- Global equities continued to slide in September following hawkish comments from central bankers that dented risk sentiment. Adding to market concerns is the ongoing increase in crude oil prices, with West Texas Intermediate (WTI) crude up 44.2% since hitting a low in May. The sharp rise in oil prices has also raised fears that global central banks will maintain persistently high interest rates at a time when investors are already worried about global growth. The heightened uncertainty has led to a drop in equities, with the Morgan Stanley Capital International (MSCI) All Country World index ending September down 4.3%. Both developed and emerging markets finished in the red, with the MSCI World and Emerging Markets indexes down 4.5% and 2.8%, respectively.
- US CPI data revealed that headline inflation experienced its most significant increase in 14 months in August, primarily driven by a surge in gasoline prices. The monthly figure rose to 0.3%, consequently pushing the annual rate up to 3.7%. More importantly, core CPI, which excludes volatile food and energy items, decreased to 4.3% from the previous 4.7%. While encouraging, the sharp rally in crude oil puts an upward bias on future headline inflation prints and may keep the Federal Reserve (Fed) tighter for longer.
- The US economy added another 187 000 jobs in August, marking the third consecutive month below the 200 000 thresholds, indicating that labour market conditions are gradually easing. Furthermore, average hourly earnings rose by 0.2% for the month, representing the smallest increase since February 2022. While the easing labour market conditions bode well for the fight against inflation, the Fed made it clear during the latest Federal Open Market Committee meeting that rates will need to remain higher for longer.
- While the Fed kept interest rates unchanged at its meeting in September, the Fed’s dot plot, which outlines its economic projections, signalled an expectation for one more rate hike before the year’s end. It also revealed a shift from the previous update in June, now suggesting two rate cuts in 2024, a reduction from the earlier indication of four cuts. The hawkish tone has sent Treasury yields to fresh highs and put downward pressure on interest-rate-sensitive equities.
- The Chinese economic outlook remains dire as it struggles to revive domestic growth despite several moves to stimulate demand. Ongoing problems in its property sector, which at its peak accounted for a quarter of its GDP, continue to weigh on domestic consumption. Given the ongoing challenges, advisors are urging for more robust stimulus policies to steer the economy back on track. For now, China’s ongoing decline will continue to negatively impact both growth and risk sentiment on a global scale.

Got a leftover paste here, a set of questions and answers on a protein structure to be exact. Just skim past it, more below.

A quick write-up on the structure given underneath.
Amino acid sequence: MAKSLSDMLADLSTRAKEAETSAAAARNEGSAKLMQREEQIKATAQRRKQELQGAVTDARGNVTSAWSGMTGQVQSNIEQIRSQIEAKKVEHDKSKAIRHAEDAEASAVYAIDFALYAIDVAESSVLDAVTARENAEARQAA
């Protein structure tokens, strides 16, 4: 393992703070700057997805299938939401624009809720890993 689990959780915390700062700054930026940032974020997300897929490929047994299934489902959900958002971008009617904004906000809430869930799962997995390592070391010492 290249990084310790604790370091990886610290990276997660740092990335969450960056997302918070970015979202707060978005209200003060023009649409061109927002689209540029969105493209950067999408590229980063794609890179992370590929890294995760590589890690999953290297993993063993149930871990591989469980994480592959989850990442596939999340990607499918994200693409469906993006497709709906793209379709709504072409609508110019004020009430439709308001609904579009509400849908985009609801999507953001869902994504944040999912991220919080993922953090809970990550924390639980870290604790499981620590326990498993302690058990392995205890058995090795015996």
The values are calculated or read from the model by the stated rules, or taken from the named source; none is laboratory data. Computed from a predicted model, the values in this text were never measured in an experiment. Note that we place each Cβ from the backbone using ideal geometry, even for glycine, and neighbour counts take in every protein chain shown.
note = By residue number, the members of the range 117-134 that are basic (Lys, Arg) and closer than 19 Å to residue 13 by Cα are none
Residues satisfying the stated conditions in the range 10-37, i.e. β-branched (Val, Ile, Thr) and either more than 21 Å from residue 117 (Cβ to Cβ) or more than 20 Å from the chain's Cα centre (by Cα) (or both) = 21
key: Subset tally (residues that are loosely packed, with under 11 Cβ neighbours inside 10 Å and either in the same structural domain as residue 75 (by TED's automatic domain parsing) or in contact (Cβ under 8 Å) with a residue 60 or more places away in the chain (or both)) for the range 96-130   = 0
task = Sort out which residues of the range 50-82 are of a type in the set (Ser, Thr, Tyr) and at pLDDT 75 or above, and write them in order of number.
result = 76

- Looking at the UK, consumer price inflation eased to 6.7% in August from 6.8% the month before. Although this is encouraging, the economy still faces a deteriorating growth outlook as consumers struggle with the rising cost of living. This is evident in the 1.4% year-on-year drop in retail sales in August, marking the 17th consecutive month of decline. The slowing economy led the Bank of England to maintain steady rates at its September meeting, despite inflation persisting well above the 2% target. The Monetary Policy Committee did reiterate that it is prepared to raise borrowing costs again if needed, emphasising that rates will be kept high to ensure inflation returns to normal levels.
- The South African economy exceeded expectations in the second quarter of 2023, registering a 0.6% quarter-on-quarter growth. The upside surprise can mainly be attributed to the manufacturing and finance sectors, which drove most of the outperformance. While encouraging, 0.6% growth is nothing to write home about, and the fact that load shedding has accelerated does not bode well for consumer and business sentiment going forward.
- On the inflation front, the August CPI report showed that both annual headline and core inflation accelerated, both coming in at 4.8%. With inflation within the target range, the South African Reserve Bank (Sarb) left interest rates unchanged in September. It did, however, stress that a deterioration in public finances risks igniting price pressures. Increased public sector wage demands and reduced tax collections have compelled the government to implement cost-cutting measures as it struggles to manage expenditure requirements. Regarding future rate cuts, the Sarb governor said that inflation needs to decline to the target (4.5%) and remain there on a sustainable basis.
- South African equities have followed global peers lower, with the JSE All Share index losing 3.4% in September. At a sectoral level, industrials and financials were the biggest drags, both losing 5.0%. Resources, on the other hand, ended the month marginally lower, losing 0.1%. South African listed property has wiped out gains made since June after falling 4.3%.
- One-month index movements:
- JSE All Share Index: -3.43%
- S&P 500 Index (US): -4.87%
- FTSE 100 Index (UK): 27%
- Hang Seng Index: (Hong Kong): -3.11%
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